I thought that I would ask a question relating to the never-ending rust thread. I hope that this has not already been fully addressed. As a fairly new collector I may not be familiar enough with the archieves. Those who are tired of rust discussions should not read this.
A large part of my collection consists of Sikhote individuals. Of course one of the many things that makes Sikhotes appealing is that they are usually relatively stable. This combined with their abundence makes it tempting to treat them carelessly. However, I wish to err on the side of caution. I want mine to be in good condition many years from now.
I have taken measures to inhibit the arrival of fresh Cl- and moisture. They currently live in plexiglass cubes with VCI paper and silica dessicant. Several were wiped with a silicone gun cloth. However, I aquired my SAs from a variety of sources and can say little about their histories. I am sure that at least some of them have been held in sweaty hands. One of them (a fairly well oriented individual) is shedding flakes, suggesting that it is sick.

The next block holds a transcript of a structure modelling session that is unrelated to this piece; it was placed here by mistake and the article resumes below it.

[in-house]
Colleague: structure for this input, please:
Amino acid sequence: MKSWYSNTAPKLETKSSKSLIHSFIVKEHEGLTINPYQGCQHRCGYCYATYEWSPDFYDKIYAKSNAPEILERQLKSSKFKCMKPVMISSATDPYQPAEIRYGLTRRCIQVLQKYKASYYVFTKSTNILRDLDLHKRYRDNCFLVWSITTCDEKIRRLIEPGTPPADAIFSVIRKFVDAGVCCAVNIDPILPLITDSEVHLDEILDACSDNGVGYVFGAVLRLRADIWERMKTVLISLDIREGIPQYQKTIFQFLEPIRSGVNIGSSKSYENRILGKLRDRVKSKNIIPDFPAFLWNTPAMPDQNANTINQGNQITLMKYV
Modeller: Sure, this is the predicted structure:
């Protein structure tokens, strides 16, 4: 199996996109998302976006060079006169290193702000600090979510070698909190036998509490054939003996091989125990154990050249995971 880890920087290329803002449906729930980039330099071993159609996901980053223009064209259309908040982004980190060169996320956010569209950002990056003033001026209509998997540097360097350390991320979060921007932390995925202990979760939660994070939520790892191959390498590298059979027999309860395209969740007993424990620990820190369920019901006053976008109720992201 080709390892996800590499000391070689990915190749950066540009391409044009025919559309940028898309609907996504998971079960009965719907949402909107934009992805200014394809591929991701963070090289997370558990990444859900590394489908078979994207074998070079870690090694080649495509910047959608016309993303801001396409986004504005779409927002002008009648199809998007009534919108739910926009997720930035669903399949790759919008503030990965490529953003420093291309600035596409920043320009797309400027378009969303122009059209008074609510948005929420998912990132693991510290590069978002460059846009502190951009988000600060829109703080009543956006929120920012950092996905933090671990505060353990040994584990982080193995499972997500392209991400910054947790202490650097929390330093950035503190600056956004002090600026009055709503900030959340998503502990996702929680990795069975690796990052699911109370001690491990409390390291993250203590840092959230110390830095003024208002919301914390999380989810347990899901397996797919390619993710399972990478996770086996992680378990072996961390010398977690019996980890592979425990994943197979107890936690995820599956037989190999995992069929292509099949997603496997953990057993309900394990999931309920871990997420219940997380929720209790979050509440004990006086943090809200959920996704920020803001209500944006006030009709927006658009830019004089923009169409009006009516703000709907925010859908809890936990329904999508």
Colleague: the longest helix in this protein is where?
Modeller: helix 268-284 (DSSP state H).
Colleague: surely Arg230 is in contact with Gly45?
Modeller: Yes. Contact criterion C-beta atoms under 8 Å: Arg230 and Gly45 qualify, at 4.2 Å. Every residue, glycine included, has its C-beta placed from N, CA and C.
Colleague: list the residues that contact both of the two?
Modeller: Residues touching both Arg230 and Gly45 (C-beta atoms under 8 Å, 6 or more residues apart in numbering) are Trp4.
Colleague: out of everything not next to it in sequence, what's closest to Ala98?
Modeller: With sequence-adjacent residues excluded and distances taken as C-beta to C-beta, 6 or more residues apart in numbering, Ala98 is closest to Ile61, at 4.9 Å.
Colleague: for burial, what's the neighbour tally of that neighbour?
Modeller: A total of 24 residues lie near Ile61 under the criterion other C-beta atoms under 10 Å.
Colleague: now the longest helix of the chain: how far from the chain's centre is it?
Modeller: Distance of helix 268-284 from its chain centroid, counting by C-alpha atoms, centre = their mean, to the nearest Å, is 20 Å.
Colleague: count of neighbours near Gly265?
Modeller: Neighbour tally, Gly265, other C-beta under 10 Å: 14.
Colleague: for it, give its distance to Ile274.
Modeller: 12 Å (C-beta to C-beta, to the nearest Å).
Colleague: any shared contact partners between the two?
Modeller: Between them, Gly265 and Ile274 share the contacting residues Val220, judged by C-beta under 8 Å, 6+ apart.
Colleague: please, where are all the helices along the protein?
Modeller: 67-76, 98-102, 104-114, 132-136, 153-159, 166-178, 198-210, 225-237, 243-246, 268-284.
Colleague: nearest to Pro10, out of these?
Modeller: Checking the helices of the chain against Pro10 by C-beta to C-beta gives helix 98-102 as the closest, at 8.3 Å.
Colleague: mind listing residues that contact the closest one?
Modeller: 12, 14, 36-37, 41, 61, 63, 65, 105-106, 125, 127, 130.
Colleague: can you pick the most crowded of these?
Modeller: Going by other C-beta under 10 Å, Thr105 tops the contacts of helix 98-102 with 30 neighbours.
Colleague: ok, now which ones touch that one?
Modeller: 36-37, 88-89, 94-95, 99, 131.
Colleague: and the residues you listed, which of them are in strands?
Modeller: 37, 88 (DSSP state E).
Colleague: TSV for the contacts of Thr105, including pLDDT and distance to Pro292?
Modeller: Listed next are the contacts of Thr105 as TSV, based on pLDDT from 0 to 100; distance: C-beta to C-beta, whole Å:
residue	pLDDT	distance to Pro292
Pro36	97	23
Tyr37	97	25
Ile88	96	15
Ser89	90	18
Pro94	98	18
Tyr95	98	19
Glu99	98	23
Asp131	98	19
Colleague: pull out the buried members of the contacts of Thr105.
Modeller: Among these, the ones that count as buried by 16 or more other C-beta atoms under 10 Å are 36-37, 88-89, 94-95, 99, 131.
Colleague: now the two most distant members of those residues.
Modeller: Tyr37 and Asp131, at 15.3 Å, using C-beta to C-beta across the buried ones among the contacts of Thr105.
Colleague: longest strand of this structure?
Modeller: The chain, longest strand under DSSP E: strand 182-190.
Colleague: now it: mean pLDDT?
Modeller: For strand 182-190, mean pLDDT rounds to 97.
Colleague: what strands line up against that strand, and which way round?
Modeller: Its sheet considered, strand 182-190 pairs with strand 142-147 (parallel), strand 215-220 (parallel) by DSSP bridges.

Of course another characteristic of SAs is that individuals are covered with a delicate crust whose characteristics have been determined by some combination of rapid passage through the atmosphere, post-fall weathering in the field, and post-collection treatment. Some crusts are black, rich in magnetite, and often smooth or marked with flow lines. Other crusts are more orange, rich in limonite, and can be avariety of textures. I'll say that both kinds of crusts can be interesting and attractive. On the other hand I don't want a meteorite with a touch of orange to turn into a ball of poo.
I have been intrigued by recent discussions about stabilization treatments such as soaking meteorites in alcohol and perhaps adding some NaOH to help remove CL-.
Now the question.
Can anyone tell me what treatments are best for stabilizing crusted meteorites? In particular, how will NaOH affect the various kinds of crusts that you can find on SAs?
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